This is a superb collection of photos that depicts the ironies and inanities that resonated throughout the United States’ misguided war in Vietnam. Here are haunting images of casual and mindless brutality, thought-provoking juxtapositions and the unforgettable faces of those caught up in the war as they try to lead their lives amid wanton destruction. This is a book about betrayal — the betrayal of American ideals by U.S. leaders, betrayal of soldiers, betrayal of allies and betrayal of a people who suffered more than can be imagined.
These mesmerizing images are informed by Griffith’s conviction that, “the overwhelming impression of Americans in Vietnam is one of stupidity rather than evil.” The barriers of language and culture combined with arrogance prevented the “best and the brightest” from understanding what they had stumbled into. By provocatively combining photos and text to deliver perceptive insights on Vietnamese society, he sets a standard for war reportage that others still only aspire to.
A haunting and incisive critique of the U.S. war, “Vietnam, Inc.” is the best of its genre and a remarkable achievement that has stood the test of time. Anyone interested in understanding the nightmare that branded a generation of Americans and Vietnamese will learn a great deal from this reissue of one of the classic antiwar documentaries to emerge from the miasma of devastation. These photos are an eloquent and evocative testimony to the destruction the U.S. wrought for specious reasons on people in a faraway land.
The photo-reportage captures the faces of people stunned by what they were confronting in their everyday lives, stunned, “by the dehumanizing power of the modern war machine.” Villagers gaze into bomb craters where houses once stood, stare vacantly and stumble through what was once familiar landscape. One does not easily forget the eyes filled with fear and the pain of loss. There are photos of Vietnamese tending the horribly maimed in cramped and basic hospital facilities juxtaposed with GIs enjoying treatment in far more salubrious conditions. Images of parents carrying or standing over the shattered and bloody bodies of their children linger. One closes the book realizing that the Vietnamese had been reduced to killers, pimps, prostitutes, beggars and supplicants in the armed camp their nation became under Pax Americana.
Griffiths’ commentary is as subversive and ironic as his photos. He takes no prisoners in challenging how the government wanted the war to be seen. He writes, “The Tet offensive revealed the power of the VC and the extent of its popular support, while discrediting the claim of America to guarantee protection to its supporters. The U.S. command comforted itself with what has by now become the standard method, that of attributing nonexistent goals to the enemy and then taking credit for denying it these goals: In this case, it was claimed that the VC has failed in trying to start a general uprising that would take over all South Vietnam and push half a million American troops into the sea.”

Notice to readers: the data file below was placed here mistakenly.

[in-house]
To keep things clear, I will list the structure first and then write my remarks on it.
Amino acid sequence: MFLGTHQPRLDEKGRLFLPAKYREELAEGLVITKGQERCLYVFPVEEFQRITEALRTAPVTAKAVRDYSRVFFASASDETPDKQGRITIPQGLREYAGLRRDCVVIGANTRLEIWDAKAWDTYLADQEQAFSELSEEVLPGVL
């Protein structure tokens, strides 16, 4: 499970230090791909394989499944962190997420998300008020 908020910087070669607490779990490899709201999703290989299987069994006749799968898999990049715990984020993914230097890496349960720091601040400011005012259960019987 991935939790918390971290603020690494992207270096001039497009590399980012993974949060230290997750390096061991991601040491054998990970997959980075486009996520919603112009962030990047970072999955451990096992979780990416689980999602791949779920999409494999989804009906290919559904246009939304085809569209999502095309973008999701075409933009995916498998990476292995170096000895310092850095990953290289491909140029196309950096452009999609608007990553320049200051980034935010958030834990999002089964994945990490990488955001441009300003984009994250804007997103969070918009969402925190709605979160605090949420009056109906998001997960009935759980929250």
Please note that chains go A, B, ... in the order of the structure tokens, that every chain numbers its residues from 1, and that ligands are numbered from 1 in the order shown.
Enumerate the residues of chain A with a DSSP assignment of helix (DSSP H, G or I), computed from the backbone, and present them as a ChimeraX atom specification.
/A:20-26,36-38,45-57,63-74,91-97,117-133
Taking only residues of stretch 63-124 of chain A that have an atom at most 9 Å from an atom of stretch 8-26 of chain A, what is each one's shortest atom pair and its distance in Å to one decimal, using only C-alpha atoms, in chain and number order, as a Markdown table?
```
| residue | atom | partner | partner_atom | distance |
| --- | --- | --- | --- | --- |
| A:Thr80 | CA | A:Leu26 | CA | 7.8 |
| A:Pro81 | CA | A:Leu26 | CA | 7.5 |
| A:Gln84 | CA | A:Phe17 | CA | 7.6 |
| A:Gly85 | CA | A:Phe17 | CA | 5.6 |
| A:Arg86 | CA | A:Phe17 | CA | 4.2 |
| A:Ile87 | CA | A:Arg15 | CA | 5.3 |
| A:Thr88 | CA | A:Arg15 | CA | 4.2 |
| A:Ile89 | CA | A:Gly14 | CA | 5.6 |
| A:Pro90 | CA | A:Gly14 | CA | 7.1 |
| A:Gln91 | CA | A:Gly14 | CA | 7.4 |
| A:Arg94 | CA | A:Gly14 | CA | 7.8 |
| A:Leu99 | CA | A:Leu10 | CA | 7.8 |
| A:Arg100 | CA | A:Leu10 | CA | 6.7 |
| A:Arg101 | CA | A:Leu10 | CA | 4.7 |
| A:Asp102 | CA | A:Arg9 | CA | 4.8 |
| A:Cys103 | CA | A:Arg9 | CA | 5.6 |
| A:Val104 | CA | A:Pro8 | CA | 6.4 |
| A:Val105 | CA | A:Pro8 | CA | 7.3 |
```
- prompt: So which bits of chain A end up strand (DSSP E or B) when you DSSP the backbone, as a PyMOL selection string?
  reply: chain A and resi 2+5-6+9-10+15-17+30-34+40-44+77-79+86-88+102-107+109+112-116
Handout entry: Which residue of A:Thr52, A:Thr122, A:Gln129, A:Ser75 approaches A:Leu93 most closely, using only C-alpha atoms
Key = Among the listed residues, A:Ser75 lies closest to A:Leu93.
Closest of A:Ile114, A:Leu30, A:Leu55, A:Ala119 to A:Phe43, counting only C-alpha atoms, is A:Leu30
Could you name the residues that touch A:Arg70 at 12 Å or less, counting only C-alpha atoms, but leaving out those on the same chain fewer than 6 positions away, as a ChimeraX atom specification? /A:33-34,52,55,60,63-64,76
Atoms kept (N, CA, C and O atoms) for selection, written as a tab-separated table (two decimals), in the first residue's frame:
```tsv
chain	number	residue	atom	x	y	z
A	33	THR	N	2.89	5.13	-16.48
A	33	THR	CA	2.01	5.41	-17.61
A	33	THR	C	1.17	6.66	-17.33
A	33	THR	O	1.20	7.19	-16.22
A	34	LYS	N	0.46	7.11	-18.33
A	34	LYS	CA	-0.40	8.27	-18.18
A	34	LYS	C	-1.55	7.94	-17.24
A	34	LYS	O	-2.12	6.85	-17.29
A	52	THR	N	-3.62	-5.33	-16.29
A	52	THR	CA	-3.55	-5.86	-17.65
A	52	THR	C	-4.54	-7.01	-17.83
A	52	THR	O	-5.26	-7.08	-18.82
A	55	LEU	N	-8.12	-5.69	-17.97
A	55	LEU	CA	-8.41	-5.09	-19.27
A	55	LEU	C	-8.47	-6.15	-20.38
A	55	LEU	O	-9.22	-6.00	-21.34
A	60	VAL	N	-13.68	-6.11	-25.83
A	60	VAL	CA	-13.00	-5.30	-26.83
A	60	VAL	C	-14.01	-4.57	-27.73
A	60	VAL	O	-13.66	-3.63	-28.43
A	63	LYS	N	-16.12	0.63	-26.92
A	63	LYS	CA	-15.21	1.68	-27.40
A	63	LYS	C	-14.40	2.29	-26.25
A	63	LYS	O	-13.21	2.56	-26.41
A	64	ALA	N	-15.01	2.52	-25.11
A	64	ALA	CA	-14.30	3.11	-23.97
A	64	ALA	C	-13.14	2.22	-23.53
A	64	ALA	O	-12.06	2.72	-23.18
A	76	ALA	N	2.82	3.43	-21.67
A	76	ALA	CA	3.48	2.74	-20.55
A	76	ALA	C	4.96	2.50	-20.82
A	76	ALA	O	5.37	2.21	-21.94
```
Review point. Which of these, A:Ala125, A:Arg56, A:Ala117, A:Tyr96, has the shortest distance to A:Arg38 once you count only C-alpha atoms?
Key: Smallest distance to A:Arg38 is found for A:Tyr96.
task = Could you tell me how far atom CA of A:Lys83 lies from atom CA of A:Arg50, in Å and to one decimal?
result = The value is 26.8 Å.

U.S. leaders fooled themselves into thinking they could win the war if only they could win the hearts and minds of the Vietnamese. This meant convincing villagers of the innate good will and generosity of Americans, villagers whose homes and land were being bombed, who saw daughters sucked into brothels, sons killed and ancestors’ graves desecrated. Photos of U.S. troops leading away a group of young men tethered at the neck, setting fire to houses and trying to enjoy the comforts of home while surrounded by deprivation rendered “Hearts and Minds” into a slogan for antiwar demonstrators who saw this as the epitome of delusion.
Griffiths denounces the ideological myths that the government used to rationalize a colossal and costly blunder; Vietnam did not need to be saved from communism as much as it needed saving from the high-tech U.S. killing machine. Noam Chomsky, in a introduction to this new edition, points out that it originally appeared in 1971 at the same time as “The Pentagon Papers,” galvanizing the antiwar movement in the U.S. with its immediacy and searing photos.
This is a devastating visual record of a dark chapter in U.S. history that deserves a wide audience, especially in the post-Sept. 11 era when targets for military intervention are now casually suggested in the Op-Ed pages and controlled government “leaks.” Among other things, this book makes a compelling case for careful scrutiny of government policies and restraint in the use of military power by forcing the horrible consequences of war into our consciousness. Viewed from the context of Japan, it also raises the familiar issues of reparations, contrition, official apologies and textbooks. As Mark Twain once quipped, history doesn’t repeat itself, it only rhymes.